Marketers throw around terms like customer segmentation and targeting a lot, but what exactly do they mean? And more importantly, how can they help your business?
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What is customer segmentation?
First things first, let’s talk about customer segmentation. It may sound intimidating, but customer segmentation is a way to separate your audience into groups according to categories like gender, age, and similar interests. By dividing your customers into groups, you’re able to send each group an email with products, promotions, or coupons that they might find interesting and are more likely to buy.
Within Square Marketing, you can access filter options including Last Visited, Hasn’t Visited, Card on File, etc.,which allow you to create groups of customers you’d like to target. You can also filter based by location if you have multiple stores and only want to target customers who have purchased from a particular location.
It’s worth noting, there are also smart groups that are automatically updated for your regular customers and those customers that were regular but have become lapsed. You can view and update the definitions of these smart groups by going into your Customer Directory within your Square Dashboard, clicking on All Customers, selecting Regulars or Lapsed, and going to Edit.
Creating buyer personas, which are profiles of your ideal customer, may help you decide how you want to divide up your audience base to send them the most relevant email. When creating buyer personas you may want to consider the following:
The demographics of your customers: Age, gender and income bracket can impact what products your customers may be interested in. For instance, Millennials and baby boomers are unlikely to have similar interests. (You can find more information on customer demographics using third-party or industry data).
Your customers’ hobbies: Maybe some of your customers are bakers and maybe some are gardeners. No matter their hobby, it’s useful to know how to segment your audience.
What is customer targeting?
Once you’ve identified your customer segments, you can clearly target your ideal customers with the products they’re most likely to buy. Customer targeting can help focus your messaging so your email is most appealing to the specific customer segmentation you want to reach.
Think of customer segmentation as putting your customers into like-minded buying groups and customer targeting as the messaging you use specific to each of those groups. By “targeting” your customers with messages that most resonate with them, you’re more likely to get them to take that next step and click-through to buy your product.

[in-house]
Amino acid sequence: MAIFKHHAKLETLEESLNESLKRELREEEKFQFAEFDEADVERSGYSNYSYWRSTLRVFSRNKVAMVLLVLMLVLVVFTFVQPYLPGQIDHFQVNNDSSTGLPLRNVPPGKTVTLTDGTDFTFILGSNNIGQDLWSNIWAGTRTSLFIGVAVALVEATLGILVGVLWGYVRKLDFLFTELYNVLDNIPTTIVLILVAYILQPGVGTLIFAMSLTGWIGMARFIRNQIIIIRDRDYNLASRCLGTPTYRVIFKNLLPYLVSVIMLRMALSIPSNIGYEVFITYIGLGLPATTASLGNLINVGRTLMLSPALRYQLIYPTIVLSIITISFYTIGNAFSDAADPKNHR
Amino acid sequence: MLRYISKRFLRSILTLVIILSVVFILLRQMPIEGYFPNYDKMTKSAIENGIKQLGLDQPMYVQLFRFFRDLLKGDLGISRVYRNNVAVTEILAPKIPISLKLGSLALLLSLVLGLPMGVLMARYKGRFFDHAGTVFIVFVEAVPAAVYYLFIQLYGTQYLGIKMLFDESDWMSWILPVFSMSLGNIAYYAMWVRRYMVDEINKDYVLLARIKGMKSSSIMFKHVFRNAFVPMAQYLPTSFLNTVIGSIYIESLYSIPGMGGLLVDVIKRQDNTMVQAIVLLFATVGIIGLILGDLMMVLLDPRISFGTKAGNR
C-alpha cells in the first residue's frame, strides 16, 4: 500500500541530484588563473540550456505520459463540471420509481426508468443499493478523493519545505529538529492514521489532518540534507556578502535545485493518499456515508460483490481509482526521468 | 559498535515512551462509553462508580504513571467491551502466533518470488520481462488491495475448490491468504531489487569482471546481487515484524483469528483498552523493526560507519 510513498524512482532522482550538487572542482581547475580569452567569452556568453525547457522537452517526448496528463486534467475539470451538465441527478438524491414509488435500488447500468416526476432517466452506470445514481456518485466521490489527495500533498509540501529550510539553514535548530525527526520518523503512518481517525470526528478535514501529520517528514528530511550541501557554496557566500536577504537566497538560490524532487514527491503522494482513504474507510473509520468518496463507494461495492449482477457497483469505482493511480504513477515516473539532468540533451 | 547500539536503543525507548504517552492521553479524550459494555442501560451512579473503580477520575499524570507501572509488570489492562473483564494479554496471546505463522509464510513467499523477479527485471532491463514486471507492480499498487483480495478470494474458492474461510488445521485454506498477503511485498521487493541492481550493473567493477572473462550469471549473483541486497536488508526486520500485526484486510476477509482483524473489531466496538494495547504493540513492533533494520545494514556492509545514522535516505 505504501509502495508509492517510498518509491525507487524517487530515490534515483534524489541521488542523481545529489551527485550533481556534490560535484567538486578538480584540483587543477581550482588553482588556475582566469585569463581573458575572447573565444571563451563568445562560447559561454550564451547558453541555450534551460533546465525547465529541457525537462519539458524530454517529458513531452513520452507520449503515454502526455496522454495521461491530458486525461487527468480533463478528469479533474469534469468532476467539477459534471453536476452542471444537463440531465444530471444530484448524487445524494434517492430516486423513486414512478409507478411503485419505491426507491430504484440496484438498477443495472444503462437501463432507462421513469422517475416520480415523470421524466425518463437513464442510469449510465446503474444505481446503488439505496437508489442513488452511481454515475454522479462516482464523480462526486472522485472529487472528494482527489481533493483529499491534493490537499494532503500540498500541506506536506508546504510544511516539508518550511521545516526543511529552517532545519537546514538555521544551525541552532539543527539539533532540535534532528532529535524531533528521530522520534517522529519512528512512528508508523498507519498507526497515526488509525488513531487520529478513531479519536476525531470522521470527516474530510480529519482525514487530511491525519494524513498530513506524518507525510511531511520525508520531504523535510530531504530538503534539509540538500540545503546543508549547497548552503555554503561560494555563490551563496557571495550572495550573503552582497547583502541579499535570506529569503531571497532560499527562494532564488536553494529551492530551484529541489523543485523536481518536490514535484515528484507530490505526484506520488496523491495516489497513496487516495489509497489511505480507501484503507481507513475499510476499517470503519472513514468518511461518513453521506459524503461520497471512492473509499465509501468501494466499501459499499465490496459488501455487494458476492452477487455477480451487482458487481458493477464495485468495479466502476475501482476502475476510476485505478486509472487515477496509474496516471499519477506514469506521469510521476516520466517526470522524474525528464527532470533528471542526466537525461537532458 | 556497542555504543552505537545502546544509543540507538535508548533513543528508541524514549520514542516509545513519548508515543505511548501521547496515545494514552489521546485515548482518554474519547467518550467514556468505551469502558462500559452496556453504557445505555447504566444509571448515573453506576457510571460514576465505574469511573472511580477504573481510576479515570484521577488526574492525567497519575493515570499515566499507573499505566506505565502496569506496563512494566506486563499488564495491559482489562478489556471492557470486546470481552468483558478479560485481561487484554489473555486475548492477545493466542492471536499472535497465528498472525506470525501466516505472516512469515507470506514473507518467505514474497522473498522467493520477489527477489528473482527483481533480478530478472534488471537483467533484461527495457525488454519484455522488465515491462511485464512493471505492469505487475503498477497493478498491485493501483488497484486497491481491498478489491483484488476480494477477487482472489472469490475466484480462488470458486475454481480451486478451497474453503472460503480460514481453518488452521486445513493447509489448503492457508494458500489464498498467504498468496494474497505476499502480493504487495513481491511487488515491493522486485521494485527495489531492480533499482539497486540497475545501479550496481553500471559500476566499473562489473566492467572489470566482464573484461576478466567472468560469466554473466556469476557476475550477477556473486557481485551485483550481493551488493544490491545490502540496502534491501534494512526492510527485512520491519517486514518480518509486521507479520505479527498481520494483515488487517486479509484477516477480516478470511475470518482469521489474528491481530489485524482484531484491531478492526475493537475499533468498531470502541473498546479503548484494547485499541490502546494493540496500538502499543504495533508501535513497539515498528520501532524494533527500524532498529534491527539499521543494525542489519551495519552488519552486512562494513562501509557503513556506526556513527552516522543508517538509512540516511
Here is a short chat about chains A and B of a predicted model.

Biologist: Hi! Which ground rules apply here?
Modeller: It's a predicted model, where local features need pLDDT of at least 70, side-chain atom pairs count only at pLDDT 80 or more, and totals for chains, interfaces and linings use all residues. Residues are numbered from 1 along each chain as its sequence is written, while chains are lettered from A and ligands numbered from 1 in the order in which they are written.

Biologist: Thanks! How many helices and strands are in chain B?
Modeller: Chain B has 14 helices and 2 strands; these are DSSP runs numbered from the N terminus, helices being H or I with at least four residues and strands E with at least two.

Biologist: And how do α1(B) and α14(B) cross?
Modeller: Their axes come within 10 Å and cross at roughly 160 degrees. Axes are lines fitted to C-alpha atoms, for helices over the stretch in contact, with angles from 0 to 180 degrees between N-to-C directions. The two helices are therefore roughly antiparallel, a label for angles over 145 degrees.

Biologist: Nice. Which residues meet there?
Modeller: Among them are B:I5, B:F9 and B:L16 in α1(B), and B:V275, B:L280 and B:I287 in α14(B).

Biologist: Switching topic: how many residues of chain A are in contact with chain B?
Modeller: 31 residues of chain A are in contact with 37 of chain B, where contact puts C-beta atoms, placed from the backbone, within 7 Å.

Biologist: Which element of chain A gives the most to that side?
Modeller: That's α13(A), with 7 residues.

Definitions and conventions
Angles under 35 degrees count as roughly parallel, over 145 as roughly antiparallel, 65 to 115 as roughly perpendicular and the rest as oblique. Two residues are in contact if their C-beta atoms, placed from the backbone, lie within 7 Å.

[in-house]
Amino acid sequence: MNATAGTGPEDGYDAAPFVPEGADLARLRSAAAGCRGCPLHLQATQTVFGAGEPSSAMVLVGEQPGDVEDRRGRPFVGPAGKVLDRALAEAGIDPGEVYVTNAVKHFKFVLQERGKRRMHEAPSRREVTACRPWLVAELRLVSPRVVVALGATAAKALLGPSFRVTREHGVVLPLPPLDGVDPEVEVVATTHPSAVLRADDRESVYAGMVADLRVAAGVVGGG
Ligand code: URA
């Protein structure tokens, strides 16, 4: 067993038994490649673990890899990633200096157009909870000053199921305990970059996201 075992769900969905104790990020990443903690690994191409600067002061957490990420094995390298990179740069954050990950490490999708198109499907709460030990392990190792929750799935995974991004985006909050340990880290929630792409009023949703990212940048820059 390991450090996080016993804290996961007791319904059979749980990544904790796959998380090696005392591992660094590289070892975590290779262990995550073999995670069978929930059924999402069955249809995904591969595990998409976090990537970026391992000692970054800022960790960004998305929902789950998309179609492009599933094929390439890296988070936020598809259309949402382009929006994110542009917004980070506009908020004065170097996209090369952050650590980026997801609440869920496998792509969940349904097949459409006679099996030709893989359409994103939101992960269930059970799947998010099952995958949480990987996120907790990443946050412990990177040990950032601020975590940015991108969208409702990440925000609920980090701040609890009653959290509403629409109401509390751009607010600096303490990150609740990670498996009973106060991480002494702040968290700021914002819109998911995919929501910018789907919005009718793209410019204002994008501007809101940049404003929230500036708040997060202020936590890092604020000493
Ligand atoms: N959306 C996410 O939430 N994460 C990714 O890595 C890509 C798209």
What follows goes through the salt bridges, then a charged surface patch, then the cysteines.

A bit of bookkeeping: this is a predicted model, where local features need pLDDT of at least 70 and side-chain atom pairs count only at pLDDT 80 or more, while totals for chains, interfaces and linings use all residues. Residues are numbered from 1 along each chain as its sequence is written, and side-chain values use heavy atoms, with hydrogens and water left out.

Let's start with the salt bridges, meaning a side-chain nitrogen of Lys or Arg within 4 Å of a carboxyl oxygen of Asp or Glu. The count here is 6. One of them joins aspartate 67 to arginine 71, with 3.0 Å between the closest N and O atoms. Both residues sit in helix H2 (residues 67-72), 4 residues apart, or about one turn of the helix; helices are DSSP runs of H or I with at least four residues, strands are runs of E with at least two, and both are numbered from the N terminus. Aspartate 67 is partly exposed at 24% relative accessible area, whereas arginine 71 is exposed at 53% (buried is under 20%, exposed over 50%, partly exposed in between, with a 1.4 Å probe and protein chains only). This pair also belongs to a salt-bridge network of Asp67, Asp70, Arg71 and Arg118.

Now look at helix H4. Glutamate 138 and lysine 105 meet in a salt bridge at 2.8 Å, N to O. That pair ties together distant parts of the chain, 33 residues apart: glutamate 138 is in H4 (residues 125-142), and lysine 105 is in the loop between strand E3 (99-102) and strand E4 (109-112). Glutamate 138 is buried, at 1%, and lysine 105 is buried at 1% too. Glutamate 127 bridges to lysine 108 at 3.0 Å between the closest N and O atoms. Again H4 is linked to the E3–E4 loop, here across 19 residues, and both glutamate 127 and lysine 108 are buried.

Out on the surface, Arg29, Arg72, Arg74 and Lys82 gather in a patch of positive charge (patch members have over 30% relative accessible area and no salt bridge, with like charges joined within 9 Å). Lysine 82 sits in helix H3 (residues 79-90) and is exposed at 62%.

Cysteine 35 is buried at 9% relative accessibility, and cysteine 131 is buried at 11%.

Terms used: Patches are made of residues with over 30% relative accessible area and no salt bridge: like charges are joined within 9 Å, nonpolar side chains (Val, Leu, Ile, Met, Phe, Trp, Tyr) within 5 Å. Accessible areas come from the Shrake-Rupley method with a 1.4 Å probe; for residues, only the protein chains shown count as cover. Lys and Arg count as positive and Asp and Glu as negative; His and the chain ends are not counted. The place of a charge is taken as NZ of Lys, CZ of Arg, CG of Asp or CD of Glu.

Using customer segmentation and targeting in your business
By identifying and segmenting your customers into groups according to the marketing categories you have identified with buyer personas, your email marketing can go further.
Segmentation allows you to focus on groups of customers and target them specifically, rather than trying to target all of your customers in one group. Your email marketing is much more likely to be successful if you’re targeting individual groups who you know are more likely to engage with a certain product as opposed to blindly sending it to your entire list.
Also, if you’re still on the fence about segmentation, consider that “marketers have found a 760 percent increase in email revenue from segmented campaigns,” according to Campaign Monitor.
Sometimes it’s easier to use a specific example than marketing terms. So, let’s say that you own a chocolate shop. You know through your Square Dashboard that you have a group of customers who buy lots of your dark chocolate sea salt caramel (but of course they would –– who doesn’t love dark chocolate with sea salt?).
You could target this audience segment with an email letting them know about a sale you’re having on dark chocolate sea salt caramels. By sending them a sale on a product you know they love, they are more likely to buy the product (did we mention we would buy your dark chocolate sea salt caramels? Because we will). It’s really that simple—and a method you can start using today in Square Marketing.